Are Favourites in Low-Prize Money Races a Hidden Goldmine or a Money Pit?

I was originally going to write about unnamed favourites, but it proved to be exceedingly difficult to find enough data to create an informative article. However, it is a fact that the unnamed favourite phenomenon tends to manifest itself in low grade races where the prize money is not worth shouting about.


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In horse racing, you can bet on an unnamed favourite in races where there are no odds available, and you have the option of betting on the SP. The horse with the lowest SP is the unnamed favourite.

Rather than focusing on this action, I have decided to switch focus to low prize money races. As you probably know, following the market is often misleading in high profile races. At festivals such as Cheltenham and Royal Ascot, causal punters often plough money into favoured horses which guarantees an artificially low price and no value. In low value races, casuals have no interest which makes it easier to spot clever money.

How Do Our Low Prize Money Favourites Perform?

As per usual, I am concentrating on UK racing from the beginning of 2014 and will only be looking at clear favourites. For the record, 35.23% of favourites have won during this timeframe. Backing the more than 44,000 favourites would yield a Betfair loss of 3% or 1,347 units!

In Money Talks, I looked at horses that were clear favourites in their last race. This time, I am only looking at how clear favourites perform in the existing race. Although the BHA is trying to raise the prize money in races, you still find races with fairly insubstantial rewards for the winner.

If you go to the Racing Post website and check out their race cards, look at the top right-hand corner to discover how much money the winner earns. I saw a Class 6 race at Wolverhampton with the winner earning the princely sum of £3,105! Even Class 4 events won’t often offer much more than £6,000 for the winner. When you consider the costs of training a horse and the fact the money is divided in several ways, one wonders if it is even worth a trainer’s while to enter such races.

It isn’t as easy to find out the total prize money of a race as the BHA provides different percentages according to the race type. For example, the owner of a horse that wins a Flat Pattern and Listed Race gets 49.6% of the total prize money. The trainer gets just 5.89%, the stable gets 2.95%, the rider gets 4.33% and there are other fees. If you purchase a race programme at the track, you get a full picture of how much a race is worth.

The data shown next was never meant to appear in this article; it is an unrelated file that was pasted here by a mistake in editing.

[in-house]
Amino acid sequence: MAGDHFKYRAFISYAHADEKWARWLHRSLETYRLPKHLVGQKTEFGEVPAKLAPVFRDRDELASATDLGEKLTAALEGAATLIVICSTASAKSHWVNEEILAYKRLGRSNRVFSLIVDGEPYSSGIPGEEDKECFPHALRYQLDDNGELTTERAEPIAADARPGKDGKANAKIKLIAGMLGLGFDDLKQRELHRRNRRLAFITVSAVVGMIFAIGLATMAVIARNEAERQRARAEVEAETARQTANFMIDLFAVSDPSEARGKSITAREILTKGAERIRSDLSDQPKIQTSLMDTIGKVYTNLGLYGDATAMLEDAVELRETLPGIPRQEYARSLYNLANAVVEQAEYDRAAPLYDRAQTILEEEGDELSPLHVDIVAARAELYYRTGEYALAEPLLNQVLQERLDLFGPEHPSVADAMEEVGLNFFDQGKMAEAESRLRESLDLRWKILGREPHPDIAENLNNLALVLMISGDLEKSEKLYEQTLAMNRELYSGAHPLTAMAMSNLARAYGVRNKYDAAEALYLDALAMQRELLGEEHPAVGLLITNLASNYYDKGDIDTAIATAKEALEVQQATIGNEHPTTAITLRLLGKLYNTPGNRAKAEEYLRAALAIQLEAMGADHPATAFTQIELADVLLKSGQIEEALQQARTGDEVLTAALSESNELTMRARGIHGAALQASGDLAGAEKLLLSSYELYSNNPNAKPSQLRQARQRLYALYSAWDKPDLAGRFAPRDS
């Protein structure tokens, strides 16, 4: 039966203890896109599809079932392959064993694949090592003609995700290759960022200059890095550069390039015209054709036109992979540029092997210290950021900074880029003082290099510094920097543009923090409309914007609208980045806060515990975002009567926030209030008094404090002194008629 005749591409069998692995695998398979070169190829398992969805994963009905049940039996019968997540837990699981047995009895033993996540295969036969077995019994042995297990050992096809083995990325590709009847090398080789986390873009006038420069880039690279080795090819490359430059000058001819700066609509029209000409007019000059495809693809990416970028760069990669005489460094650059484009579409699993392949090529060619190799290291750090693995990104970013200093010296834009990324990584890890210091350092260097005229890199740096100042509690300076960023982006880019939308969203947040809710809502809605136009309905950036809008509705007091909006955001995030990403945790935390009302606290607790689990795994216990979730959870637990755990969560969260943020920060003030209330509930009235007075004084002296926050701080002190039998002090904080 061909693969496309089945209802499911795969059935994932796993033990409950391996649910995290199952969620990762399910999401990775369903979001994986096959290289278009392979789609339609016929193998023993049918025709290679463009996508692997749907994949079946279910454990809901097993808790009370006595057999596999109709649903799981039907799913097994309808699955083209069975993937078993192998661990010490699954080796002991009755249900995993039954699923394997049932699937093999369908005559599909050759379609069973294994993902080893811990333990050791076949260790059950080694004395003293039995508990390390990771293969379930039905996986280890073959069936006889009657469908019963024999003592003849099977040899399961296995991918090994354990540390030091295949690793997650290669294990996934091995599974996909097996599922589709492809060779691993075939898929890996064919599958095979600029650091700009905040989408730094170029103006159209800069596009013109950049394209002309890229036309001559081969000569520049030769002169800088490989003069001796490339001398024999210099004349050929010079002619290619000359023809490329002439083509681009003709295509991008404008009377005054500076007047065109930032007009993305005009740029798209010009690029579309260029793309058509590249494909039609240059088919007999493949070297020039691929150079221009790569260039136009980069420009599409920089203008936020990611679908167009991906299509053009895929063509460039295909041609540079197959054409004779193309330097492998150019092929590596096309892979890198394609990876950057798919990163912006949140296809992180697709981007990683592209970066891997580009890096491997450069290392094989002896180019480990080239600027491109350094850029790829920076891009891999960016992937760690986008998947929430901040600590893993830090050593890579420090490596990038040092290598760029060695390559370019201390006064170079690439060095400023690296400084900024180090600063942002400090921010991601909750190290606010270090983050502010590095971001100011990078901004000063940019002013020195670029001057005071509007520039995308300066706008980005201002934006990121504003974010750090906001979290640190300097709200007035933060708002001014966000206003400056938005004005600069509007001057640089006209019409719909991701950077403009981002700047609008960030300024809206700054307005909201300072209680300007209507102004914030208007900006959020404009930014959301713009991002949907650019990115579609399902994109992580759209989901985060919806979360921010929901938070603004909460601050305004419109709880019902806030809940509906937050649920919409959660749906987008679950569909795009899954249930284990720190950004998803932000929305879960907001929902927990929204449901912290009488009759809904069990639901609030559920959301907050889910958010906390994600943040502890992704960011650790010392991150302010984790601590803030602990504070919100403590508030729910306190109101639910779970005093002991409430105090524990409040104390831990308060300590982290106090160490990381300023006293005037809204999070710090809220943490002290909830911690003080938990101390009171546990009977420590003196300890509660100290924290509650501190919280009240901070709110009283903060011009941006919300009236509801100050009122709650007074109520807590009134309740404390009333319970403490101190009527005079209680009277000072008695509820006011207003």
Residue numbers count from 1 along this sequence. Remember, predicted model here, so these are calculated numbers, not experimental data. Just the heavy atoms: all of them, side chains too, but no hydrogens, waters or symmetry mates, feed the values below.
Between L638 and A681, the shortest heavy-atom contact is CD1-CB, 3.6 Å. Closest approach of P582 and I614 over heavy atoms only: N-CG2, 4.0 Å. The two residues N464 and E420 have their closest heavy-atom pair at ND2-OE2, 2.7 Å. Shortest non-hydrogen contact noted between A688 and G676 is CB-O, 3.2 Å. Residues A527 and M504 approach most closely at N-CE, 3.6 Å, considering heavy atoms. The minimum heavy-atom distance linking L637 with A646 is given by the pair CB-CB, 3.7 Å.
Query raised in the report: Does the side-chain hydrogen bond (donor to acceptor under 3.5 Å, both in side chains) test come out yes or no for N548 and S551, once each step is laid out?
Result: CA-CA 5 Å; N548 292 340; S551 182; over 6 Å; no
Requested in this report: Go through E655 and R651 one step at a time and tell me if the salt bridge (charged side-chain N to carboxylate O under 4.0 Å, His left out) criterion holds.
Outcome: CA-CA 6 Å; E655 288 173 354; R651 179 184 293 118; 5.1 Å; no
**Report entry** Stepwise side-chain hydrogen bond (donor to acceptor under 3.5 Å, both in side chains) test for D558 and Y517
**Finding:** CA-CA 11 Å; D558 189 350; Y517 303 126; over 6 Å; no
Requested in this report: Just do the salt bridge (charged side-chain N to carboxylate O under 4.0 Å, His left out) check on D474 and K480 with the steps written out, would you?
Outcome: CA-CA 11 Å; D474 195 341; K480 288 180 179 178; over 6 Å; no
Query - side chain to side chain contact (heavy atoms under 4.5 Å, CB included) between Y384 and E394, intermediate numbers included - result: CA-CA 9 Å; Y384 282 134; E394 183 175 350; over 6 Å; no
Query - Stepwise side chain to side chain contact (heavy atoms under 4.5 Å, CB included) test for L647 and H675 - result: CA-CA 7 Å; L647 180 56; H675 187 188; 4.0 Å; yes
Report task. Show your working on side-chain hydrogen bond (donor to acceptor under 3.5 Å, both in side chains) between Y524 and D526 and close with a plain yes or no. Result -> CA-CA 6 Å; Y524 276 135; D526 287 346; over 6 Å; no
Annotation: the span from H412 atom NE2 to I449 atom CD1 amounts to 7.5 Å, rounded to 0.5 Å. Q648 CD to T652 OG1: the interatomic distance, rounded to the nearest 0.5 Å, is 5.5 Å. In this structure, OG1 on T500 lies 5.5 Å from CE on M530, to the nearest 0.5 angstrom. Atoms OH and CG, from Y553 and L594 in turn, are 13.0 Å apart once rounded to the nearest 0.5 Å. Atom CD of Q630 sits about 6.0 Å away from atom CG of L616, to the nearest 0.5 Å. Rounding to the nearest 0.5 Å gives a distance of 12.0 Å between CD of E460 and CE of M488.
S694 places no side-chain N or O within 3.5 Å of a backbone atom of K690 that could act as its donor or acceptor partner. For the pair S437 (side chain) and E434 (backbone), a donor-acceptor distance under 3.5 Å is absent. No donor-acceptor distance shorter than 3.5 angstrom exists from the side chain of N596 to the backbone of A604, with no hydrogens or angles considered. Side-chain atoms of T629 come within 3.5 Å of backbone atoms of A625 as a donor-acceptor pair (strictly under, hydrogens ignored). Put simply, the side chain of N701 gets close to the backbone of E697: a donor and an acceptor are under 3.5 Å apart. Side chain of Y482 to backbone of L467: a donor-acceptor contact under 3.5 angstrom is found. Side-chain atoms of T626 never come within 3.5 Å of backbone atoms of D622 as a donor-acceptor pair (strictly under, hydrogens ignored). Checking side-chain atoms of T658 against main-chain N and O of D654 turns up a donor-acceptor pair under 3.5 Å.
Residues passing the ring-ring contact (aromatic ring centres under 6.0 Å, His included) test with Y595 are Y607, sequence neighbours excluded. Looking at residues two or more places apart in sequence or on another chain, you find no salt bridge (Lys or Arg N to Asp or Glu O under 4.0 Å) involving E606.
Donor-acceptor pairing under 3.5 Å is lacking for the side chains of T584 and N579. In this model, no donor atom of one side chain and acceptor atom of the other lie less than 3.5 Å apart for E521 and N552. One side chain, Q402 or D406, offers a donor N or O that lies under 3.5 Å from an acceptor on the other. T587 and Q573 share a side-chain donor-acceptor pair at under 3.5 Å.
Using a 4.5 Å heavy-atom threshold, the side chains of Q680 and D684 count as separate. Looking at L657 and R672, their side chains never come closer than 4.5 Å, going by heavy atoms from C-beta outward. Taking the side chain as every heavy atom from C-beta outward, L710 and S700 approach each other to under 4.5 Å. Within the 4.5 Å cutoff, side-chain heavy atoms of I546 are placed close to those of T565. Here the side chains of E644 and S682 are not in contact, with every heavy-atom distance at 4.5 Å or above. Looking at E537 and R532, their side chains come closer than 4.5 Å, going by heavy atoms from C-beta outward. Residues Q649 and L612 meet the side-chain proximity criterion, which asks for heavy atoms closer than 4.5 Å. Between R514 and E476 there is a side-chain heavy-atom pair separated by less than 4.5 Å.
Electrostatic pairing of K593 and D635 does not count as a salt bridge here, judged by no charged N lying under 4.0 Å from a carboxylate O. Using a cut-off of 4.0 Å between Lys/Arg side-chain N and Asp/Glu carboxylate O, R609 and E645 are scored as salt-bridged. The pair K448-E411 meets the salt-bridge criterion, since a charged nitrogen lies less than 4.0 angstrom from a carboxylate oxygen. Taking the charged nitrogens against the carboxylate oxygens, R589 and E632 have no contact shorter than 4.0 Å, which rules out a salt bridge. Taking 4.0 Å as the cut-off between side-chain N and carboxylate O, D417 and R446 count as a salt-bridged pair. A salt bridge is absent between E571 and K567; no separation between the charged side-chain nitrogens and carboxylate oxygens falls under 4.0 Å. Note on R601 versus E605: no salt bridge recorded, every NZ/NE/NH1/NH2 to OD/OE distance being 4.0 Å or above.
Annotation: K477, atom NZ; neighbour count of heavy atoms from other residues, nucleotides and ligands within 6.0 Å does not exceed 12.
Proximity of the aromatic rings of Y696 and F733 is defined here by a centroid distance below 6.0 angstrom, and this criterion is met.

As I can only access data relating to a winner’s prize money, I decided to focus on how favourites perform in races with prize money below certain levels. There is a slight problem: The BHA announced changes which means more prize money in most races. As a result, data relating to races with extremely low prize money for winners may no longer be reliable.

When I looked at races where the winner received a maximum of £3,000 for example, there were 11,400 such events in five years, but just over 250 in 2018; approximately one-tenth of previous levels. There were 1,800 races with a winning prize of £2,000 or less but only 27 in the whole of 2018. As a result, I checked out the performance of favourites in races with a winning prize of £3,000 to £5,000:

BetsWinsStrike RateROI (Betfair)
17,6496,53237.01%-3.24%

Your loss is almost identical to what happens when you bet on ALL favourites even though the strike rate has increased a little. Although National Hunt offers the best strike rate, Flat races provide the lowest level of losses:

BetsWinsStrike RateROI (BF)
6,3492,26735.74%-2.17%

It is an improvement, but our goal should be something more ambitious than not losing too much money! When you stick to handicap races only, the results improve a little more:

BetsWinsStrike RateROI (BF)
3,7521,16931.16%-0.25%

The strike rate falls dramatically, but we are almost at evens with a loss of just 9 units in five years. However, it is still an unacceptable state of affairs. You would expect races with £3,000-£5,000 for the winner to be Class 4, 5 and 6 events. While you would experience heavy losses in Class 4 and 6 races, Class 5 events are a different story:

BetsWinsStrike RateROI (BF)
2,38376332.02%4.32%

A profit of 4% is better than what the banks offer you, but it won’t do for most punters. On the plus side, you would have earned a profit in the last four years. It pays to stick to races with 1-10 runners as the profit increases marginally, as does the strike rate:

BetsWinsStrike RateROI (BF)
1,78861634.45%5.22%

While it is best to back odds-on favourites as you end up with a 9% profit, you only get 25 or so opportunities a year. Also, your profit dwindles the longer the odds get.

Final Thoughts on Favourites in Low Prize Money Races

Overall, this is not an angle I would recommend following. While it is true that you can make a little profit from Flat races, you have to adhere to these criteria:

  • 1-10 runners
  • Class 5
  • Handicap

As well as focusing on races where the winner gets between £3,000 and £5,000. As always, it is a question of picking and choosing your bets. As a rule of thumb, I would advise punters to stick to systems with a fairly high strike rate. While systems with profits of 30%+ are great, if the win rate is 20% or thereabouts, you must be aware that long losing streaks are a certainty. Make sure your betting bank can handle bad spells, or risk total failure. Finally, be patient! Horse racing is not for get-rich-quick punters.